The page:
Hey Everybody. Just a heads up to keep you all in the loop…we have been working on an upgrade to the messageboards for a few months now. It’s a huge job but we’re almost done. The new messageboard is now online and should be accessible for you, but keep in mind that it doesn’t have the look or feel that it ultimately will.  We will be working on sprucing everything up this week.  The new boards will have better navigation, search, members area…pretty much everything.  Plus it should be more integrated with social media and help everybody on here get to know each other better with upgraded tools.

Thanks for your patience, and please give me your feedback.  I know you will :)


What it is:  On June 21, 2011 the FDA approved a process by which a dermatologist or plastic surgeon numbs behind the ear, removes small pieces of skin, and sends these pieces of skin to a lab where the fibroblast cells in the skin samples are multiplied many times over and then frozen. These cells are then thawed when needed and injected into the skin under wrinkles or scars (boxcar or rolling) to help even out the appearance of the skin.

PROS: The body views these cultured cells as “own” and so the immune system does not respond. Working with your own cells eliminates allergic reactions, lumps, or abscesses which may come with other fillers. But probably the most compelling advantage is how long results last. Other fillers like bovine or synthetic collagen may last only a few months, and even more advanced fillers which combine polymer beads with collagen may only last a year or so. The LaViv treatment promises to last for years. As with many fillers, recovery is extremely minor and is evidenced by minor redness or bruising at the injection site. You can immediately return to work.

CONS: People don’t see results right away. The process requires 3 staggered injections and results aren’t seen until up to 3 months. It also costs a pretty penny–anywhere from $2000-$4000. However, other fillers which last less than a year can cost about $1000, so when you look at the long term, using your own cells may be more cost effective.

BOTTOM LINE: As always, the proof is in the pudding, and the pudding in this case is still cooking. This is such a new product and process that we literally haven’t had enough time to begin seeing “real” before and afters from everyday people posting online. There are 2 before and after pictures at this link which are provided by the company. Keep in mind as well that fillers are very often best used alongside other treatments, such as laser resurfacing.

A while back we switched to new pumps–pictured below on the right. You guys let me know they were kinda annoying and I agreed, so I switched back to the old pumps–pictured below on the left. From now on, if you order any Acne.org product with a pump, you will get the old, good pumps.

The last few days I have spent going through all clinical studies/trials regarding acne and Omega-3 fats, iodine, antioxidants, chocolate, calorie intake, fatty/oily food, digestion, and zinc. Adding to this what I have learned regarding dairy and glycemic load, I’m sorry to say that nothing stands out for me as a smoking gun when it comes to diet and acne. We simply don’t have enough research yet, and nothing feels super compelling to me at this point. However, at least researchers are looking into how diet may affect acne, so hopefully by the next time I review the literature, the evidence available to the scientific community will start taking shape. In the meantime, based on digesting everything the research community has to offer regarding diet and acne, here is what I am personally going to do as far as diet goes:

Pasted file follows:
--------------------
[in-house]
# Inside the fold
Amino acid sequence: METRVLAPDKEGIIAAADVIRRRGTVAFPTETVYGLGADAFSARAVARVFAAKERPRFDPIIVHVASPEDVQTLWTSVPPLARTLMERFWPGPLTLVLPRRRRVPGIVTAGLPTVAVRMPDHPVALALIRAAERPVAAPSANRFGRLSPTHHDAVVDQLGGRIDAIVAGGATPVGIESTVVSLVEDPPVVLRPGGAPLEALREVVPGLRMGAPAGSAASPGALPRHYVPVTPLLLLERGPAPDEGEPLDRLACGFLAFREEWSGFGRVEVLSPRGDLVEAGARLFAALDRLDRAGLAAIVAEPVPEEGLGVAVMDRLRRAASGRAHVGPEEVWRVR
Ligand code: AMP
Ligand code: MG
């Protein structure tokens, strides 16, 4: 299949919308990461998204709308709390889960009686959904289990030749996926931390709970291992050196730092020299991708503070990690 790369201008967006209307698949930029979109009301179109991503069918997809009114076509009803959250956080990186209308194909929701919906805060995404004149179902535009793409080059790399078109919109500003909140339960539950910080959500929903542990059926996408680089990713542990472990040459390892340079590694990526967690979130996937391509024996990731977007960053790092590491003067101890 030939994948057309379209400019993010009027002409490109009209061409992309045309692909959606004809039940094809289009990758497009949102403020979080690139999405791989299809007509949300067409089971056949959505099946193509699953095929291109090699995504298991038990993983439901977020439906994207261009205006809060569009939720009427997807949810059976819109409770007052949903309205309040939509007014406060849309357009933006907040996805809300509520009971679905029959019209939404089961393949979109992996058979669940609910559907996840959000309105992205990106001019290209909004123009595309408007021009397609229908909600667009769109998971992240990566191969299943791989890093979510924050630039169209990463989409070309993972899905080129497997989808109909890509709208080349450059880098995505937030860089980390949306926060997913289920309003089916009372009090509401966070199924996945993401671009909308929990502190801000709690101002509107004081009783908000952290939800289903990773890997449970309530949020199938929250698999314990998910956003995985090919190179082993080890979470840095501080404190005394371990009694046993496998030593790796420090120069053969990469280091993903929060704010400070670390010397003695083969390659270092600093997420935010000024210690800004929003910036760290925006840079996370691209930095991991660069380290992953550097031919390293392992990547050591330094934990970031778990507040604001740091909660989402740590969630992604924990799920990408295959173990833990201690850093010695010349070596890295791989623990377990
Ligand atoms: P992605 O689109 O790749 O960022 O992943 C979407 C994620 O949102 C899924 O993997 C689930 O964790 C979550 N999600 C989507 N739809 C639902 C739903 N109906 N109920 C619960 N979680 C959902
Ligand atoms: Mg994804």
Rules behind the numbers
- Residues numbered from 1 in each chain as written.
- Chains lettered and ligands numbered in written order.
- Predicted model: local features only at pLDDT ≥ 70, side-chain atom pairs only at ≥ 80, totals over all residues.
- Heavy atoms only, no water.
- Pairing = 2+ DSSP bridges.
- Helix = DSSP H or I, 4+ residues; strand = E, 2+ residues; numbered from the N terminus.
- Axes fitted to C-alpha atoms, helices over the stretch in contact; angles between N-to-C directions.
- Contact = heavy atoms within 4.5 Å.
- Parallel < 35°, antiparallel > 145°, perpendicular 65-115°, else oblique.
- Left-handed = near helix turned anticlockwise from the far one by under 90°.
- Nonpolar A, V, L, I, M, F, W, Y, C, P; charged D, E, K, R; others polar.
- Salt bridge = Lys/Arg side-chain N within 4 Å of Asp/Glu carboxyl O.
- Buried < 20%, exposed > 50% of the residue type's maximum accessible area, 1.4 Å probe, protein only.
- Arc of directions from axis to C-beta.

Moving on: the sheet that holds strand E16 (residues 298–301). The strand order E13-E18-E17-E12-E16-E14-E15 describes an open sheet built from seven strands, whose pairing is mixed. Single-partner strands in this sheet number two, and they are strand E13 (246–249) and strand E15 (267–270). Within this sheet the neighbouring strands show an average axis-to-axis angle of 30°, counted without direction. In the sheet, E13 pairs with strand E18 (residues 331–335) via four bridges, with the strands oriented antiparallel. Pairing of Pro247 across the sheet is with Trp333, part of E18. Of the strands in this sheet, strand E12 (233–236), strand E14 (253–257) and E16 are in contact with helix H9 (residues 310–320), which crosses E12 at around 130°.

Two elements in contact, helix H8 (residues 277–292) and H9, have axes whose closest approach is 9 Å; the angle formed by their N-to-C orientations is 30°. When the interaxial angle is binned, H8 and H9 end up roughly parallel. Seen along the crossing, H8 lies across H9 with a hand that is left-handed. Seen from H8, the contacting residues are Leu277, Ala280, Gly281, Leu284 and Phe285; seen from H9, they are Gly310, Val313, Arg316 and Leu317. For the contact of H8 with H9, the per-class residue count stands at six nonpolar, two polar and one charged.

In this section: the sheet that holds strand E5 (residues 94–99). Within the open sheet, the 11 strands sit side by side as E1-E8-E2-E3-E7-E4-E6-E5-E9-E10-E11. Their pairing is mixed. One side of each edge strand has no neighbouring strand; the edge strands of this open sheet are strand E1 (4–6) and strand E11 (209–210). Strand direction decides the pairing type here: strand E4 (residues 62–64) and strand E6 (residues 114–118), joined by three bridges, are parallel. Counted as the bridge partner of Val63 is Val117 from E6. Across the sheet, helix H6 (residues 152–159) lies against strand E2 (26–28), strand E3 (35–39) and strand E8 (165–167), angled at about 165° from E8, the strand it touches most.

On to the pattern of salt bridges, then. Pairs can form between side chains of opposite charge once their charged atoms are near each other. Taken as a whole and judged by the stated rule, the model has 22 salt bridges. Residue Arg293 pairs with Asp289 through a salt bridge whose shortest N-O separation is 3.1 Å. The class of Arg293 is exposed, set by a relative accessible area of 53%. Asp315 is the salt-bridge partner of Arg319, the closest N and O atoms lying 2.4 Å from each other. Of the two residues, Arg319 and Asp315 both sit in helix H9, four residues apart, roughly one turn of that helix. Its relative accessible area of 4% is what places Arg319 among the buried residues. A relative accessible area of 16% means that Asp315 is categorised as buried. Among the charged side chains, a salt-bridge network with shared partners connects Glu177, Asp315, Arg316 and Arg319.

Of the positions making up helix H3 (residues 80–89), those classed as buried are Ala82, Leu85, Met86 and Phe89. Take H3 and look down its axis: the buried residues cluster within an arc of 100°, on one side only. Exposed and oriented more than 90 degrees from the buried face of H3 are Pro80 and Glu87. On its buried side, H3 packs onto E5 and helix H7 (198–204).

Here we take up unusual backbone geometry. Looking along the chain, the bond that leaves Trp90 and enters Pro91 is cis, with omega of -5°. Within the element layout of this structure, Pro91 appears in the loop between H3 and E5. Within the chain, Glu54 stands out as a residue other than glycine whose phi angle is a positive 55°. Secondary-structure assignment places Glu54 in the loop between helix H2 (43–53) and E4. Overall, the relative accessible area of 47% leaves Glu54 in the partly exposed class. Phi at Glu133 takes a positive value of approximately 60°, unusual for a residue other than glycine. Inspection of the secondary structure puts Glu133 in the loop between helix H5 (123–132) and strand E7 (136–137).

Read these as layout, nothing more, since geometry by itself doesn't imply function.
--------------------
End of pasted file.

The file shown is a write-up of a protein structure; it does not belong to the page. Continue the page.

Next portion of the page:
1.  Keep taking fish oil and eating wild delicious sushi :)  I take 4 fish oil pills per day to make up for my Western-style diet, which like almost everyone living in modern society, is overly rich in Omega-6 fats from vegetable oils, grains, etc. There is enough evidence to persuade me of the overall health benefits of Omega-3s and I feel good taking fish oil regardless of whether or not it may be helping with my skin. Also, when I go out to eat, I specifically ask whether the fish or sushi on the menu is wild. Farm raised seafood is far inferior in Omega-3s and other nutrition than wild seafood.

2.  Keep taking a zinc supplement. Having dived deeper into the role of zinc, I am still convinced that it is likely an important nutrient when it comes to combating inflammation and keeping bacteria in check. I’ll keep taking my 30mg per day.

3.  Not worry about iodine, chocolate, fatty/oily food. I’ll keep eating seaweed salad and seafood (contain iodine).  There exists no evidence showing that the amounts of iodine consumed in these foods is in any way detrimental for acne. Based on the available evidence, I’ll also continue eating a little dark chocolate every day without worrying about how my skin will react. I will also keep eating the occasional naughty greasy meal without fear.

4.  Try to be generally healthy. Antioxidants are important calming agents in the body, and eating antioxidant-rich colorful fruits and vegetables is fun and tasty anyway. When it comes to glycemic load, whether or not scientists know if it will help with acne yet, I’ll try to keep my meals balanced with carbs, fat, and protein to keep my energy and mood level and avoid crashes.

A full update to the diet and acne page of acne.org is on its way with much more information on each of the above mentioned topics. In the meantime, when you look at the evidence at hand, eating healthy and in moderation will suffice as a general wrap up for what we know regarding diet and acne at this point. Not exactly a Eureka moment.